Language Selection

English French German Italian Portuguese Spanish

Greg KH: 5 Open Source Projects That Need Developers

Filed under
Software
OSS

Who wouldn’t want to be a Linux kernel developer? Kernel developers work at the heart of the Linux operating system and contribute and work on code that runs the world's technology infrastructure.

The work is so rewarding it attracts contributions from thousands of developers each year who make up the thriving community.

But as Linus Torvalds himself reminded us during the Linux Kernel Panel discussion at LinuxCon this summer, being a kernel developer is not the only way to be an important part of the Linux and open source communities. In fact, developers can often have a large impact on a project with 10 or 15 developers.

rest here




More in Tux Machines

From the Editors: You’ve come a long way, Linux

This month, as we do every March, we reported on the Who Writes Linux report from the Linux Foundation. Usually, this is a fairly rote affair: Red Hat and Intel contribute tons of code, Greg Kroah-Hartman does a ton of the work, and we learn about some small firm somewhere that’s cranking out kernel code disproportionate to its size. Read more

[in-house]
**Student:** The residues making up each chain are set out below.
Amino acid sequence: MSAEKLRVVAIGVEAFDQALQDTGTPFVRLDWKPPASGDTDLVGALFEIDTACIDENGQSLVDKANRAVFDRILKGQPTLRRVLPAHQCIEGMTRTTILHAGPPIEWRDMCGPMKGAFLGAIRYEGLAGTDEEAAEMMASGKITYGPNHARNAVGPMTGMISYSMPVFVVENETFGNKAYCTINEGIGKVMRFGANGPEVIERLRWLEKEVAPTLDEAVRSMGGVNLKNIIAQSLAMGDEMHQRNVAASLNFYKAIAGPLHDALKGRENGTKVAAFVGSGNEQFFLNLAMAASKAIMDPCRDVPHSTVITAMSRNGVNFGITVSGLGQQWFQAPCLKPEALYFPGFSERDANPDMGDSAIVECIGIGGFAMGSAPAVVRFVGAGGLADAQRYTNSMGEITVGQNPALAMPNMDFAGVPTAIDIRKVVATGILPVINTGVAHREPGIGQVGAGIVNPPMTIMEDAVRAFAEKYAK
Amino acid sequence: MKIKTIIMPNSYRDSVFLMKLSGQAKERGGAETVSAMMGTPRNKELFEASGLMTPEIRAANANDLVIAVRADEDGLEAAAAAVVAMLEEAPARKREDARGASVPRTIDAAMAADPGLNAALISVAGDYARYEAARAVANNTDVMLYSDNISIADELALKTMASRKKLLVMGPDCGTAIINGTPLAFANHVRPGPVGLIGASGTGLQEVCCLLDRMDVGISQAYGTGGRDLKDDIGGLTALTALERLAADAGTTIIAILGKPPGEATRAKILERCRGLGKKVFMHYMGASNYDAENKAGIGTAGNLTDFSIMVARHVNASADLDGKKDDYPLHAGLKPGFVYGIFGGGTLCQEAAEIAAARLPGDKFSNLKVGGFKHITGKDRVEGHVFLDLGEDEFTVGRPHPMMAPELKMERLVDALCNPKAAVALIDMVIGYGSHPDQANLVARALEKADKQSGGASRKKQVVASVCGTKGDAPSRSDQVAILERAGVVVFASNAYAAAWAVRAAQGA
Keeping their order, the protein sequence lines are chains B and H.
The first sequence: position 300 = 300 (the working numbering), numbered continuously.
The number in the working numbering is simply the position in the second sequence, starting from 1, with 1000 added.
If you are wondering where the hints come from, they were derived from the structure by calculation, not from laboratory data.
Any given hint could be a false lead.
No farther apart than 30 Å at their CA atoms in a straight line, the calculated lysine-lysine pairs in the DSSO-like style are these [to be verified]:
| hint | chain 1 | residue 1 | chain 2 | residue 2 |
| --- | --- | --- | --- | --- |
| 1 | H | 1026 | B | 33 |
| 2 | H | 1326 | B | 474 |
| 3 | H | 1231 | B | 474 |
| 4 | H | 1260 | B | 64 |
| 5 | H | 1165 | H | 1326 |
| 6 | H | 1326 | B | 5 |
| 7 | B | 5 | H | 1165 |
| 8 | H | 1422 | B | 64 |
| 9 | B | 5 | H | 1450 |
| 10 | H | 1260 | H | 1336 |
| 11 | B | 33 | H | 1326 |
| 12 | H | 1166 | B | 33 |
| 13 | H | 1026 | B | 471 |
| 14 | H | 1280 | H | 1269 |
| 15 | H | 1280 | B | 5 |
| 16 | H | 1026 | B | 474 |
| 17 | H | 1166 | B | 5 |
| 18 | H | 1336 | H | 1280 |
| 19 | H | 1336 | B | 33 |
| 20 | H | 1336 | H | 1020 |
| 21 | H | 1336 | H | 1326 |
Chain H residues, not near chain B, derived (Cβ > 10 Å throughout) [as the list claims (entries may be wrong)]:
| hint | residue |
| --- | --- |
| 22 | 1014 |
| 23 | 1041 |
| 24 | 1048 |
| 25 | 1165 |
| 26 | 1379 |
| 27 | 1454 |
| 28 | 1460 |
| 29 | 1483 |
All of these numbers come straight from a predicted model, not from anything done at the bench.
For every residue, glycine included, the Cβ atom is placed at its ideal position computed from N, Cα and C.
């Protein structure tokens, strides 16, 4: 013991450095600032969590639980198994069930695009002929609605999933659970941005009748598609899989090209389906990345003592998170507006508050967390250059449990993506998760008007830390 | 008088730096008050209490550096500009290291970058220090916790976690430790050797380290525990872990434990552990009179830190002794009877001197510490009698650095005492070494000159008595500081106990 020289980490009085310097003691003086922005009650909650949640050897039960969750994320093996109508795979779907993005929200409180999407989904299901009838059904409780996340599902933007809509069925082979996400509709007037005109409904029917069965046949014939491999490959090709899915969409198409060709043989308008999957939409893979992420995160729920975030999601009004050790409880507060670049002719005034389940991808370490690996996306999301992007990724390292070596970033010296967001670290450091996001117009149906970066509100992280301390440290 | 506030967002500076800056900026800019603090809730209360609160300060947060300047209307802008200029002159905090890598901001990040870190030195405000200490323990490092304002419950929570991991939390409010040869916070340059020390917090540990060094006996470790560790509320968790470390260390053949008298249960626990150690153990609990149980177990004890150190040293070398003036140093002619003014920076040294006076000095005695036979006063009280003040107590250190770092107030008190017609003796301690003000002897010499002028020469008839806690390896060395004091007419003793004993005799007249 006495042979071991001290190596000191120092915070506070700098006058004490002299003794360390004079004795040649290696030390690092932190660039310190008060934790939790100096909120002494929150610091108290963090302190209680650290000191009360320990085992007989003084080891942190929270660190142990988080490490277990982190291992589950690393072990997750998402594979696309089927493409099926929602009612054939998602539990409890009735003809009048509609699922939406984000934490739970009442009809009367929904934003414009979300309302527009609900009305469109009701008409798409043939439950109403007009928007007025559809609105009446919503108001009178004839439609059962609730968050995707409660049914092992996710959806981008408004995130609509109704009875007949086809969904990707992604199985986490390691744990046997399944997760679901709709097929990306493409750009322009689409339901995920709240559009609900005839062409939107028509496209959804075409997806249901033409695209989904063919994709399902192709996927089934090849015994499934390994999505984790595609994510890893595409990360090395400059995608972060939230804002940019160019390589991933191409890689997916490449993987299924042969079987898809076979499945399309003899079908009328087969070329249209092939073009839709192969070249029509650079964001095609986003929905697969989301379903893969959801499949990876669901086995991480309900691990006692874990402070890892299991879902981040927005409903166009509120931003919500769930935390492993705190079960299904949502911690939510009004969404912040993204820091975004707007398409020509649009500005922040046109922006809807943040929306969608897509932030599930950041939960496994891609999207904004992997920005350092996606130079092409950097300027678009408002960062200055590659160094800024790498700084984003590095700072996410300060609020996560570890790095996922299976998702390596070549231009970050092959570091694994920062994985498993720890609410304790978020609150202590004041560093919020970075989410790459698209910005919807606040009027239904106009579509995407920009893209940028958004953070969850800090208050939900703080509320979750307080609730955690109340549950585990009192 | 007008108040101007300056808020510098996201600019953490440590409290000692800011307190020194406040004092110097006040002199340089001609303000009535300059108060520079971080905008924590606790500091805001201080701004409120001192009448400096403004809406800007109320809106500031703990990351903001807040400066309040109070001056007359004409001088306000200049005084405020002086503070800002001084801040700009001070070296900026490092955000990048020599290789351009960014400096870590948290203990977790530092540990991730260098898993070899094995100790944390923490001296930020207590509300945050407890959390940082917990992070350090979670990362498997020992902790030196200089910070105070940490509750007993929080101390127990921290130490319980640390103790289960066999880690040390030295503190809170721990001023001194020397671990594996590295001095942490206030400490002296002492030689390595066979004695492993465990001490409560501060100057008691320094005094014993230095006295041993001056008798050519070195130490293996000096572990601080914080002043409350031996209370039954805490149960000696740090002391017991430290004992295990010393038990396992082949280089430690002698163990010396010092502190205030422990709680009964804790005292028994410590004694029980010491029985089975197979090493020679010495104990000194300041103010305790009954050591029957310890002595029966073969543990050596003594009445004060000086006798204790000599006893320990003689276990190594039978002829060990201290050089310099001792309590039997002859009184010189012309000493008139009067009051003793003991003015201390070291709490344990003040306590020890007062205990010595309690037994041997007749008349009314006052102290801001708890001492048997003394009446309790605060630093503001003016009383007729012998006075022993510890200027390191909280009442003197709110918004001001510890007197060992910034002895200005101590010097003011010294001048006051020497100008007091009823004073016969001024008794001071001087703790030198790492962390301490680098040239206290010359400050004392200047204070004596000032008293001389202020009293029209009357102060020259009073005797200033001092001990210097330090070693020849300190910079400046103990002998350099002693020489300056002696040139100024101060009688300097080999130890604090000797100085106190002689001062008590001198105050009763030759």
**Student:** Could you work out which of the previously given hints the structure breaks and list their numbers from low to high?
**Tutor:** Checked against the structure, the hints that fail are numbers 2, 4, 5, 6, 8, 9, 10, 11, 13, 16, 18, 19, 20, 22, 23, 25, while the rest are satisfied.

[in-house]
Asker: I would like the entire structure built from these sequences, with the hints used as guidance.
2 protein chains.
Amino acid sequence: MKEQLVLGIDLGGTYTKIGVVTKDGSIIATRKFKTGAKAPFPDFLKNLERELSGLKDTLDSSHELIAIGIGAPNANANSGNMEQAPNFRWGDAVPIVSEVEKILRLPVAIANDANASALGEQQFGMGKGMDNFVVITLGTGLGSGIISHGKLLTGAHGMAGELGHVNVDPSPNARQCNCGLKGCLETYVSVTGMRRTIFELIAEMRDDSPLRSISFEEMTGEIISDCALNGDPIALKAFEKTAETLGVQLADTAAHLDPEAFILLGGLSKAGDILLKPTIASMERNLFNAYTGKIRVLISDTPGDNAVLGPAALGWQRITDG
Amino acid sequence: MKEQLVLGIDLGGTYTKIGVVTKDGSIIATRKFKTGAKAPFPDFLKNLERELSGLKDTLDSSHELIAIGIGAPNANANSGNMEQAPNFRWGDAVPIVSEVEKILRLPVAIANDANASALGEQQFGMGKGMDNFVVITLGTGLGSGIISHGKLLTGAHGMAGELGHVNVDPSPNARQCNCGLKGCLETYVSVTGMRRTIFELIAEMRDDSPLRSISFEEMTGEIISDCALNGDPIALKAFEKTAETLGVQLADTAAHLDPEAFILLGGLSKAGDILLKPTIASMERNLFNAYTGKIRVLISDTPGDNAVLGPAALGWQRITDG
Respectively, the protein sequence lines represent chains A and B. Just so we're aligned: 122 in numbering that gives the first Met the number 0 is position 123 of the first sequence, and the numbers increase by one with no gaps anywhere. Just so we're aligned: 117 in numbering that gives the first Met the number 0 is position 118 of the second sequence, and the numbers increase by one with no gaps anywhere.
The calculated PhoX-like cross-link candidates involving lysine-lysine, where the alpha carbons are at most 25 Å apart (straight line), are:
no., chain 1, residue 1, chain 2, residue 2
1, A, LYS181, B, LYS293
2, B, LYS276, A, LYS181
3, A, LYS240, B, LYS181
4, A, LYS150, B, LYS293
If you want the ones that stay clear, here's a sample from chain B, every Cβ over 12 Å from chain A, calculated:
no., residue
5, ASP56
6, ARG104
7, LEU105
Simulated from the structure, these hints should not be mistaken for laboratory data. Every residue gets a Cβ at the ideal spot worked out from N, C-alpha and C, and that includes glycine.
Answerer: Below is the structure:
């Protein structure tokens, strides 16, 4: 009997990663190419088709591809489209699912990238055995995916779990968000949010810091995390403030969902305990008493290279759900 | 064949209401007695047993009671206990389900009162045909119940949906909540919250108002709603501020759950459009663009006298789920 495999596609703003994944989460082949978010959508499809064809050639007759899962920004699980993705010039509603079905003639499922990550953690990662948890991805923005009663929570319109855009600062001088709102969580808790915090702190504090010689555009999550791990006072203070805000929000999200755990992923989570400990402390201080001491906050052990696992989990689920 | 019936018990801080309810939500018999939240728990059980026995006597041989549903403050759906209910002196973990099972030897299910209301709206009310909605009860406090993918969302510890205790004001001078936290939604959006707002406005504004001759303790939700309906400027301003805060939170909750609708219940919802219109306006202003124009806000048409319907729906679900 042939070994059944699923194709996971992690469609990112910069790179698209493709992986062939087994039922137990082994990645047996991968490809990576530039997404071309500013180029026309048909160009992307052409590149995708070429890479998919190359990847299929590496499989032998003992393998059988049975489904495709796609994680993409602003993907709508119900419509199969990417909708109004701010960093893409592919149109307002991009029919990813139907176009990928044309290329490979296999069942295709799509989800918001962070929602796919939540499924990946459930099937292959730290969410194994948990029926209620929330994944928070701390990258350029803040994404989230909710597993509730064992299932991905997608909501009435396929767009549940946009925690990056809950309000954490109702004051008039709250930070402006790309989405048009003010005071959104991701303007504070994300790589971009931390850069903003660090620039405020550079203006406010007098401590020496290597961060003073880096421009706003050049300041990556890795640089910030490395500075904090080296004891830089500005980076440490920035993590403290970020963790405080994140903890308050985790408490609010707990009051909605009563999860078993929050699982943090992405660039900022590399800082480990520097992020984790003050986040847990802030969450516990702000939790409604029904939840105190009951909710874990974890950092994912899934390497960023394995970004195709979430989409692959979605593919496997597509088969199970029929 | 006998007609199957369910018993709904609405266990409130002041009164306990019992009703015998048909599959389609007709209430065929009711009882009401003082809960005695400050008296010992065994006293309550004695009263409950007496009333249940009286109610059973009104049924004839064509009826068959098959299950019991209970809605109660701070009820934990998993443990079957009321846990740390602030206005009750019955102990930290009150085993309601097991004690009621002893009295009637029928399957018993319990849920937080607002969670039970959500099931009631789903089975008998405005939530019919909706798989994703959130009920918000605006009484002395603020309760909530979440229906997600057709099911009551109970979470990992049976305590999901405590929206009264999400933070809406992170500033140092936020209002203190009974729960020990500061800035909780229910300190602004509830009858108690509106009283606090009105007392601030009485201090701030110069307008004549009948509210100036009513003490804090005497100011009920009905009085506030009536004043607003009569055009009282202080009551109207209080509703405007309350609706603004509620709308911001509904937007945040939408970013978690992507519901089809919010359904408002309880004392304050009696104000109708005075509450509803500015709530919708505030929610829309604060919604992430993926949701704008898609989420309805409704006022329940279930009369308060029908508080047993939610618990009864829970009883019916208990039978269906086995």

SteamOS A Linux Distribution For Gaming


Picture

SteamOS is a Debian Linux kernel-based operating system in development by Valve Corporation designed to be the primary operating system for the Steam Machine game consoles. It was initially released on December 13, 2013, alongside the start of end-user beta testing of Steam Machines.
 

Read At LinuxAndUbuntu

KDE Applications 14.12.3 Officially Released

KDE Applications 14.12 has been released by its makers, and it’s a regular maintenance update. It comes with a ton of bug fixes and will be soon available in various repositories. Read more

Understanding The Linux Kernel's BPF In-Kernel Virtual Machine

BPF continues marching forward as a universal, in-kernel virtual machine for the Linux kernel. The Berkeley Packet Filter was originally designed for network packet filtering but has since been extended as eBPF to support other non-network subsystems via the bpf syscall. Here's some more details on this in-kernel virtual machine. Alexei Starovoitov presented at last month's Linux Foundation Collaboration Summit in Santa Rosa about BPF as an in-kernel virtual machine. The slides have been published for those wishing to learn more about its state and capabilities. Read more